Use this URL to cite or link to this record in EThOS: https://ethos.bl.uk/OrderDetails.do?uin=uk.bl.ethos.770293
Title: Welfare development in China under President Xi : beyond the informal security regime?
Author: Zheng, Binrui
ISNI:       0000 0004 7651 9255
Awarding Body: University of York
Current Institution: University of York
Date of Award: 2018
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Abstract:
This thesis examines the dynamics of welfare state change in China since 2012. The following questions are addressed: what is the nature of China's welfare regime? Where is China now in relation to welfare state development? In order to answer these questions, the notion of an informal security regime (ISR) proposed by Gough et al. (2004) is used as an ideal typical model against which to understand changes in China's welfare system. Going further, the respective concepts of path dependency and political legitimacy are deployed to develop an in-depth understanding of the 'welfare challenges' that confront contemporary China. Drawing on qualitative elite interviews with a wide range of social policy actors and leading academics, this thesis provides answers to these questions using a combination of secondary literature analysis, documentary analysis, and the analysis of interviewees' understandings and interpretations of the major reforms in the core areas of health-care, pension provision and social assistance. The findings show that, after decades of consistent efforts of improving welfare arrangements in key areas of social policy, there are signs that China is beginning to move beyond the ISR - though incrementally and inconsistently - towards a welfare system more in keeping with Gough's understanding of a 'security regime'. For the purpose of serving the CCP's legitimacy, social policy has been identified as a new economic growth point and consequently not subordinate to economic policy so much as the 'other side of that coin'. There are nevertheless some significant additional challenges such as China's demographic problem, especially aging issues, that pose unique difficulties for policy makers. Above all, however, the fragmented nature of Chinese governance institutions and the country's regulatory framework makes finding solutions to fragmentation the major governmental objective. Therefore, the direction of China's welfare development depends on President Xi's ability successfully to reform the welfare system, although success is not assured because of the inevitable complexity of domestic and international challenges.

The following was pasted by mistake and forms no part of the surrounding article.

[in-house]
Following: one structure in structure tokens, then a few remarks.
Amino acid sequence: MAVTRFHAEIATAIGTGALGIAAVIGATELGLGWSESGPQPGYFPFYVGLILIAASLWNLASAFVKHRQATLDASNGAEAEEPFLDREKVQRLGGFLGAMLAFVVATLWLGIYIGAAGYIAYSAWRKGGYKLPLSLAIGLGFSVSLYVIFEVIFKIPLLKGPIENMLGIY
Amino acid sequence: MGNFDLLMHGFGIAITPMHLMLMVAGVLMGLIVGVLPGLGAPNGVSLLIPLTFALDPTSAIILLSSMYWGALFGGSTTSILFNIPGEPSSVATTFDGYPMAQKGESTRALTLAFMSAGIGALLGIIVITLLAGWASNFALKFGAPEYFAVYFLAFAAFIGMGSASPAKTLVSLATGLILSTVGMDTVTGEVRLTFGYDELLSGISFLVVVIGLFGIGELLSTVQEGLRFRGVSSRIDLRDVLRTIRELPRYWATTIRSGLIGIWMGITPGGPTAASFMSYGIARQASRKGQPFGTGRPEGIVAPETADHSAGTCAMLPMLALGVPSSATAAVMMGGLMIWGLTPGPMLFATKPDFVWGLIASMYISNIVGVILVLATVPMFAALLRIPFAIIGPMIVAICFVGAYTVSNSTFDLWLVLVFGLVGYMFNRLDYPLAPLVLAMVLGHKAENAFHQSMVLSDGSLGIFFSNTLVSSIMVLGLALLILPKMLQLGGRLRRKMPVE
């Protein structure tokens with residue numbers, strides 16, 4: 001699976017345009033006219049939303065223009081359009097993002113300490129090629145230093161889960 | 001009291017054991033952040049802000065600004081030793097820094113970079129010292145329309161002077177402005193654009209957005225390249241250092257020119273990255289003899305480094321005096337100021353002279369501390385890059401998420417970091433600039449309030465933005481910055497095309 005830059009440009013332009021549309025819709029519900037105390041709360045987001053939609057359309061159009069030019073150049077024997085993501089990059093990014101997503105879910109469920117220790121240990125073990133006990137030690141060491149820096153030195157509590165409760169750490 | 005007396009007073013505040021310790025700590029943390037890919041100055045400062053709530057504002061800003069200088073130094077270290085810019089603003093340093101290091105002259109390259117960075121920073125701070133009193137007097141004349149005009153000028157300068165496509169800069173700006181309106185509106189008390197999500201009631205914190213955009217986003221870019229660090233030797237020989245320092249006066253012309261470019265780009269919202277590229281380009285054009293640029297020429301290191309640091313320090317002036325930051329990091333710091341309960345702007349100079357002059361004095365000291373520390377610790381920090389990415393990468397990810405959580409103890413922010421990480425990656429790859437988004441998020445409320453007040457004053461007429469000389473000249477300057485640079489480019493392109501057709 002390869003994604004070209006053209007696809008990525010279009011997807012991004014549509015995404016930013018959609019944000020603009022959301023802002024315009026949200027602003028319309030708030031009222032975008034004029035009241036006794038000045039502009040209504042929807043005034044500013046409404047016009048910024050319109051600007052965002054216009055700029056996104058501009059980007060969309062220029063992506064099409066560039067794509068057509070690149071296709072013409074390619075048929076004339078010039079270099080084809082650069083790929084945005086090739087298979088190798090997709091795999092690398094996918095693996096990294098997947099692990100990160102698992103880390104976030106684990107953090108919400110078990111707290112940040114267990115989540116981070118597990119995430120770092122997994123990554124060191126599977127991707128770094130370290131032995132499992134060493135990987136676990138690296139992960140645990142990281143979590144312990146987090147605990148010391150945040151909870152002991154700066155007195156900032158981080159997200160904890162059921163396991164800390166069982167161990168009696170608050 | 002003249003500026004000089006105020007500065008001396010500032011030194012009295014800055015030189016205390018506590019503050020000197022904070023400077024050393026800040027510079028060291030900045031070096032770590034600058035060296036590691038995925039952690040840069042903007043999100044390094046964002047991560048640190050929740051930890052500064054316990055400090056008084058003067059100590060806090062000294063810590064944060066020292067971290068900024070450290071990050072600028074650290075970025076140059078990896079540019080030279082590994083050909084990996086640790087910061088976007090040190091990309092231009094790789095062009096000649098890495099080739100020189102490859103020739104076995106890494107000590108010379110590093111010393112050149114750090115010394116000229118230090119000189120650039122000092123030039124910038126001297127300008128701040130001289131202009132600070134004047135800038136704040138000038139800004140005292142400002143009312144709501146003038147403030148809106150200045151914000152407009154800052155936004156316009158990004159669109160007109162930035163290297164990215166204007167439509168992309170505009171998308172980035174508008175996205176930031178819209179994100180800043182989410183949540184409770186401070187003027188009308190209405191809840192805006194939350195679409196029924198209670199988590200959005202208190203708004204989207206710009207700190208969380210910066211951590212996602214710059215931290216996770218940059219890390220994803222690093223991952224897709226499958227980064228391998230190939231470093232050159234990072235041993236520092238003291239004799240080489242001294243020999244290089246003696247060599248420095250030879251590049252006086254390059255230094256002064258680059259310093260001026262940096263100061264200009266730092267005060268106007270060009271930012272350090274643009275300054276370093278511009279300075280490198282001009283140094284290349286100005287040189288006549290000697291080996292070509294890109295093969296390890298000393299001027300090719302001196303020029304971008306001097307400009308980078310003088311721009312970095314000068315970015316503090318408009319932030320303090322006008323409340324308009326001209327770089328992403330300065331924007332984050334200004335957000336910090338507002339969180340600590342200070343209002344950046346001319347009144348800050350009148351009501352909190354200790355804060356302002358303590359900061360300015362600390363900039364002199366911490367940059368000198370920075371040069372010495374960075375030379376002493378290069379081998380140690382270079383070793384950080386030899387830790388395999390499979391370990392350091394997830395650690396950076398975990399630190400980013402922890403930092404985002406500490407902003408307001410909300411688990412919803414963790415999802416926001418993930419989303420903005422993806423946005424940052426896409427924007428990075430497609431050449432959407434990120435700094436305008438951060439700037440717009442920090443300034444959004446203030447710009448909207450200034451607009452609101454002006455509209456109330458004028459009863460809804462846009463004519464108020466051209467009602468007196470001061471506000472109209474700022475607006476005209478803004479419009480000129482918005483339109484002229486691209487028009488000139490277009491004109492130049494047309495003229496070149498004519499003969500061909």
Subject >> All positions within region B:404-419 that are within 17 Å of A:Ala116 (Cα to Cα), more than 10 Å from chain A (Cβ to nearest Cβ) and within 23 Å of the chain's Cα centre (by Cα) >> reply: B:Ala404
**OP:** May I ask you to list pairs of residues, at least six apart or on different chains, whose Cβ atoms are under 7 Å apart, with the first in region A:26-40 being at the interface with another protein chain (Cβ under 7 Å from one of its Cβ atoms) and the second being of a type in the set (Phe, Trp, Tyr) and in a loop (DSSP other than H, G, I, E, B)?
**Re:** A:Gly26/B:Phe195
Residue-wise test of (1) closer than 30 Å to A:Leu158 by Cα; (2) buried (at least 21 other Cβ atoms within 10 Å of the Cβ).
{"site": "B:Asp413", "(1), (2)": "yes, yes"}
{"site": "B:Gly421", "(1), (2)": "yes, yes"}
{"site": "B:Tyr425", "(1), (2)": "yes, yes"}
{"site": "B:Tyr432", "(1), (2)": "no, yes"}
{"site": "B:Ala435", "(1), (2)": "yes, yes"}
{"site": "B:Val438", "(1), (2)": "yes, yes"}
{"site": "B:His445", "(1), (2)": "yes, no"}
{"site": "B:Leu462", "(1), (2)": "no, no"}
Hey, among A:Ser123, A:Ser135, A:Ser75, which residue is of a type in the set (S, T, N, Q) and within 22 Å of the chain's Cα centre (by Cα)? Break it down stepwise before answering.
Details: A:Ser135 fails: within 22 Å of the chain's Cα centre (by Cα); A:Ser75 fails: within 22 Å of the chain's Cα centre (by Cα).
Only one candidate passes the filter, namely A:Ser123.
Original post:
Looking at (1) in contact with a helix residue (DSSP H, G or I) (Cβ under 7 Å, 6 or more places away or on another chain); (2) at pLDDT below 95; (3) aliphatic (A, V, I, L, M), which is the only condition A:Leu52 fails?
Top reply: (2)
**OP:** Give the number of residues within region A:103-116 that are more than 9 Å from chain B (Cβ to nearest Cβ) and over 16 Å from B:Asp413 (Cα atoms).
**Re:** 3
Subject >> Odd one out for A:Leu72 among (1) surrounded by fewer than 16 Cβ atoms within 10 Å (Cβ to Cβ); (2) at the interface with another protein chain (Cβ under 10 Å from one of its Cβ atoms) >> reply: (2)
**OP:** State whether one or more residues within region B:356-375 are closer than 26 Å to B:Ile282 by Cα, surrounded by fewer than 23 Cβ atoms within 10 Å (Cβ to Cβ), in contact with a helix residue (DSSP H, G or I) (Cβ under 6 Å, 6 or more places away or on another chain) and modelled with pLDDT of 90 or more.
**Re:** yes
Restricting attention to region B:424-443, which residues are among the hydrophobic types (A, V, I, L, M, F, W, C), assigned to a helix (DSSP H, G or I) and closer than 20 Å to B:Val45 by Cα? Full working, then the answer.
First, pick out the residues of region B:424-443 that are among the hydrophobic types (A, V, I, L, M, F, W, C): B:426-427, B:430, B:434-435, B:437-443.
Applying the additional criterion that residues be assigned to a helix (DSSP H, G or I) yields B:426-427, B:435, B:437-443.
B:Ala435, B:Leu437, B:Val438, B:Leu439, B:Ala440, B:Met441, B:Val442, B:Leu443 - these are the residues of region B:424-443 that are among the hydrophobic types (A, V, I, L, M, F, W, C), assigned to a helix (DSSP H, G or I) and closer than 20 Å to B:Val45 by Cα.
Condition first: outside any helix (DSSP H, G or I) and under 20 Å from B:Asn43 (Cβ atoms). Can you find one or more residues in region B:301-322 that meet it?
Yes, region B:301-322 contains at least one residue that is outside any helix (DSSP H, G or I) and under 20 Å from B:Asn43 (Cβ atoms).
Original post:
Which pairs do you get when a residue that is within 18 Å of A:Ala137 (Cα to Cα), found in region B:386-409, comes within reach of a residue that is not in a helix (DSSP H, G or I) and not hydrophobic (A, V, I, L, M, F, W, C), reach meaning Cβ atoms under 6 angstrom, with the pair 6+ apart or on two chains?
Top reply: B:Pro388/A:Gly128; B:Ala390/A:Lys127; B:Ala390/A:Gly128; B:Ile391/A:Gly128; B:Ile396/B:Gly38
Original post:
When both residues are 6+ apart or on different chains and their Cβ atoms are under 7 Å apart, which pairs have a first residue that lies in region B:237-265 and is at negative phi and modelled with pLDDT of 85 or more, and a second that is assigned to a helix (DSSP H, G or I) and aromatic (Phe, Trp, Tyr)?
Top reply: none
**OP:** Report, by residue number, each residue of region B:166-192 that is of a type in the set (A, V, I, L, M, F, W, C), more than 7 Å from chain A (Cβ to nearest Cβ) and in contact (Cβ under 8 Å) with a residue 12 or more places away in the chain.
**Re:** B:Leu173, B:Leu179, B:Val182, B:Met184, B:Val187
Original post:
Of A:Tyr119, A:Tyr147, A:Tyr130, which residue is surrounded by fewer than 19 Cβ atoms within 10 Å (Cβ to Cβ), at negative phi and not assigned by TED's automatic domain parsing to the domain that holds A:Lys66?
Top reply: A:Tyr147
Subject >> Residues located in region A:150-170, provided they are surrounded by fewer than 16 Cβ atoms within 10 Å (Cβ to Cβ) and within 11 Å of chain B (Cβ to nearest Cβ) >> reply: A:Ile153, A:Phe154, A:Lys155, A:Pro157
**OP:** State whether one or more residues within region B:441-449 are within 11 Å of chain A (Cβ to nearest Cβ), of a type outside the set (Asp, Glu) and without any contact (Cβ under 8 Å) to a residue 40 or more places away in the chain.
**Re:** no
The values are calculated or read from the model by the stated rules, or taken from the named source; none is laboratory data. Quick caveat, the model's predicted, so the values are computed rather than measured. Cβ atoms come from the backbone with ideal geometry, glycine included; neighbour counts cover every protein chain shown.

Supervisor: Ellison, Nicholas ; Chai, Sabrina Sponsor: Not available
Qualification Name: Thesis (Ph.D.) Qualification Level: Doctoral
EThOS ID: uk.bl.ethos.770293  DOI: Not available
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